My generative term for this week is “neutrality.” For some reason, this concept was brought to the forefront of my attention while I was working on section 1.3 (Personal Relationship to Fieldwork and Subjects) of 1-2-3 project. In this section I came across three terms, addressing different aspects of neutrality, that I was unfamiliar with and thus wanted to learn their meanings; the terms were: bracketing, reactivity, and positionality. The following definitions are “extracts” from the sources cited.
“Bracketing is a method used in qualitative research to mitigate the potentially deleterious effects of preconceptions that may taint the research process. Bracketing is also a method to protect the researcher from the cumulative effects of examining what may be emotionally challenging material.” Source: Tufford, L., & Newman, P. (2012). Bracketing in Qualitative Research. Qualitative Social Work, 11(1), 80-96. doi: 10.1177/1473325010368316, page 80
“Reactivity, also known as the observer effect, takes place when the act of doing the research changes the behavior of participants, thereby making the findings of the research subject to error.” Source: McKechnie , L. (2008). The Sage Encyclopedia of Qualitative Research Methods: Reactivity. Retrieved from http://srmo.sagepub.com/view/sage-encyc-qualitative-research-methods/n368.xml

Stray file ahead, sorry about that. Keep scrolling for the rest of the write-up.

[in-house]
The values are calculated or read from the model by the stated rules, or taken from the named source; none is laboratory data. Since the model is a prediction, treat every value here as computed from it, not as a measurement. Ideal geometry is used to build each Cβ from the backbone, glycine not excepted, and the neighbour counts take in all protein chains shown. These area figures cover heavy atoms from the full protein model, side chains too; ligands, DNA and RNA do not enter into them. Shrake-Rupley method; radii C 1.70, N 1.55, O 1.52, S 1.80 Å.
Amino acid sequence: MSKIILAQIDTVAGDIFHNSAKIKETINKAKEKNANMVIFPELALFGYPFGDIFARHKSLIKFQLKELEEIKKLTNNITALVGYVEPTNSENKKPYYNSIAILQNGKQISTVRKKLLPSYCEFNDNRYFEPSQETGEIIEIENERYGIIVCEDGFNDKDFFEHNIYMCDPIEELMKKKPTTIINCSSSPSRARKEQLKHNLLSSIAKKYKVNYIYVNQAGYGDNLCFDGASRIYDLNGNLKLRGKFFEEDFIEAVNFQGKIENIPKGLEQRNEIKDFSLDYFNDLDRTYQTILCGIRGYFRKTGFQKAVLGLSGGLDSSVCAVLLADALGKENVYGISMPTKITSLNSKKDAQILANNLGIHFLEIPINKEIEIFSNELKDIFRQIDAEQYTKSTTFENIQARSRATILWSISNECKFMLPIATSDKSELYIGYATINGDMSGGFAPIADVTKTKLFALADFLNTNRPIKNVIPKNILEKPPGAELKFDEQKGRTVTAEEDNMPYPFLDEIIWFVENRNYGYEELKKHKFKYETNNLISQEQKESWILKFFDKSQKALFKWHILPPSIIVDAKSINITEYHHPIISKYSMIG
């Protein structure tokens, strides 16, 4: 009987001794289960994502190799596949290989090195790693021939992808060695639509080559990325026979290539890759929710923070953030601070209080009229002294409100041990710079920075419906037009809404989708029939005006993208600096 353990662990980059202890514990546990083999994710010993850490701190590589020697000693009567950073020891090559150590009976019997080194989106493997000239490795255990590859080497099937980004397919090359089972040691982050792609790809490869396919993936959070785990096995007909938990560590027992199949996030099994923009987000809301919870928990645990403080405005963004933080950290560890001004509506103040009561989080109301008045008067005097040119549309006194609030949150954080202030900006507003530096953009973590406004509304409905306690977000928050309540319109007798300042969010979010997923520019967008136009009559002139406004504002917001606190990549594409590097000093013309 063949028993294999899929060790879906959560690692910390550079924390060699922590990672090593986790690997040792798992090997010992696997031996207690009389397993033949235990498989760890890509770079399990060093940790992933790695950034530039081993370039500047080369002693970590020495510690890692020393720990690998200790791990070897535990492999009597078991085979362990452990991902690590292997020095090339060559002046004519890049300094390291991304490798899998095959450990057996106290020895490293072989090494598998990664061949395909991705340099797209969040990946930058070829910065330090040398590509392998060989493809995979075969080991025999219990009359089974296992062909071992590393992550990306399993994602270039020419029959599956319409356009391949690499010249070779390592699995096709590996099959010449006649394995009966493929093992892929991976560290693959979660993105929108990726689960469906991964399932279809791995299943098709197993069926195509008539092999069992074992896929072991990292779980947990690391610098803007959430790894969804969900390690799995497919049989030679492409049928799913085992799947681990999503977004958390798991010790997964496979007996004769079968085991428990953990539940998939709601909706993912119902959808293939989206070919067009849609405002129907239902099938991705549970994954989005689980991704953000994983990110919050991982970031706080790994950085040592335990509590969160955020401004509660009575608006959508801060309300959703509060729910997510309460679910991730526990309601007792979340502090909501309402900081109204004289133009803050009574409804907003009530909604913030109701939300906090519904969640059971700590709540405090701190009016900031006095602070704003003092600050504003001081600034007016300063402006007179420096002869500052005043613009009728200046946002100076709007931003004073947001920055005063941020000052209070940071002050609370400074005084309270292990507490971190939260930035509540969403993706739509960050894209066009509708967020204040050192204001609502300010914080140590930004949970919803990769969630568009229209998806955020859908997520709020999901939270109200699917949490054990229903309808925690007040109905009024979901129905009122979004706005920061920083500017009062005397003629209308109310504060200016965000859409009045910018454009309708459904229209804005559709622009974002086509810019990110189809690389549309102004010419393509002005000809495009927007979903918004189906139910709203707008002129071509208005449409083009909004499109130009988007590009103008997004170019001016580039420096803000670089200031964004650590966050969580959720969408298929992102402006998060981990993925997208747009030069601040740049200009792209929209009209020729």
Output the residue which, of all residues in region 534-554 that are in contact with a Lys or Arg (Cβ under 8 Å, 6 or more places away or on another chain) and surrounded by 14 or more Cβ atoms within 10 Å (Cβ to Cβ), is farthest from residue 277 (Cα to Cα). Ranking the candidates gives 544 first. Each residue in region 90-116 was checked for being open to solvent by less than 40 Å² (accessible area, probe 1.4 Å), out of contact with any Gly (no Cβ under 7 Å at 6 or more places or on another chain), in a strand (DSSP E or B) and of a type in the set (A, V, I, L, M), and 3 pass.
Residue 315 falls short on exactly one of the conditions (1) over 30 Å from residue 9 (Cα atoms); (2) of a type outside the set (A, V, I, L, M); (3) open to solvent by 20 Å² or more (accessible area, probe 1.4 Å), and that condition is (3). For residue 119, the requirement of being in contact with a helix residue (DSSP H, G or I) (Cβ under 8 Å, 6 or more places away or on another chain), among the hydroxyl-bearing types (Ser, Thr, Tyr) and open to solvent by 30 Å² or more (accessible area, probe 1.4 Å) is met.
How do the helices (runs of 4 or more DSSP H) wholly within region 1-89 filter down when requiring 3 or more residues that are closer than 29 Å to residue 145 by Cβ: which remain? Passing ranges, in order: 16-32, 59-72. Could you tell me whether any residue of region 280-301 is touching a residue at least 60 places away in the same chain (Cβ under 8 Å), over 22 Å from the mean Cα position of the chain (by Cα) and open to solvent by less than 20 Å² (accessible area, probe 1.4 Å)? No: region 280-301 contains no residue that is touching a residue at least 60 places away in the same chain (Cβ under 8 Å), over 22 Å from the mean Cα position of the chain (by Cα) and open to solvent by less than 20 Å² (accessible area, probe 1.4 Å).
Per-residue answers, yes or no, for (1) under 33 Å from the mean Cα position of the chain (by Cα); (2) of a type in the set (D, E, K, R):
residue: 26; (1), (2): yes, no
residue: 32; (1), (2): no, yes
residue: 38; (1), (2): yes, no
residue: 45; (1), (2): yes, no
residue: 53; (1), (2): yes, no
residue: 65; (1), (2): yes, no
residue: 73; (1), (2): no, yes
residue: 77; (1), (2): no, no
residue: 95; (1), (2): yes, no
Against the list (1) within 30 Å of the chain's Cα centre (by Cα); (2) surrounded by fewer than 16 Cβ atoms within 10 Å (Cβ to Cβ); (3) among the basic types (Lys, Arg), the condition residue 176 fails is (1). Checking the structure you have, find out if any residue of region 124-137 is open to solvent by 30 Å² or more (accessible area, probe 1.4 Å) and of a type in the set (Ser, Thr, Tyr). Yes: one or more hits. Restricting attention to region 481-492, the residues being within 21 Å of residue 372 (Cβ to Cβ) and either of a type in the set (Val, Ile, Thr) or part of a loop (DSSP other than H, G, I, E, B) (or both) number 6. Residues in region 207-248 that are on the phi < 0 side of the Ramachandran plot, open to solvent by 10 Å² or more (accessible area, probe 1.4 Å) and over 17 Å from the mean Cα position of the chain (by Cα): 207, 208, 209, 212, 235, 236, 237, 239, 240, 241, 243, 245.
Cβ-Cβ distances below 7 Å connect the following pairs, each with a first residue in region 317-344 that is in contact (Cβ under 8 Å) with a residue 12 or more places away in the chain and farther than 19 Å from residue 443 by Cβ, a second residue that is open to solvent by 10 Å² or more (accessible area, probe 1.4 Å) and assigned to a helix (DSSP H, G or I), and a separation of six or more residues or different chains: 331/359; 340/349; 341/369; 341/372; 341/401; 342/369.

“Positionality is a complex phenomenon and shifts according to multiple factors which include space-times, place, people and life course. Steinar (2007) suggests it is important to show how the researcher’s geographic location, social status, ethnicity, and gender fundamentally shape the questions asked, the information collected, and interpretation of that information.” Source: Unpublished Graduate Research Paper, University of Canterbury, NZ, Tulett, H. (2010). Positionality and Praxis. Retrieved from http://www.geog.canterbury.ac.nz/postgrad/420papers/2010/Helen%20Tulett%20%28highly%20recommended%29%20Positionality%20and%20Praxis.pdf
Although my awareness and knowledge of these terms is embryonic, I now have a greater appreciation for the level of effort a researcher must make in an attempt to protect his or her neutrality — or at least identify and account for their biases.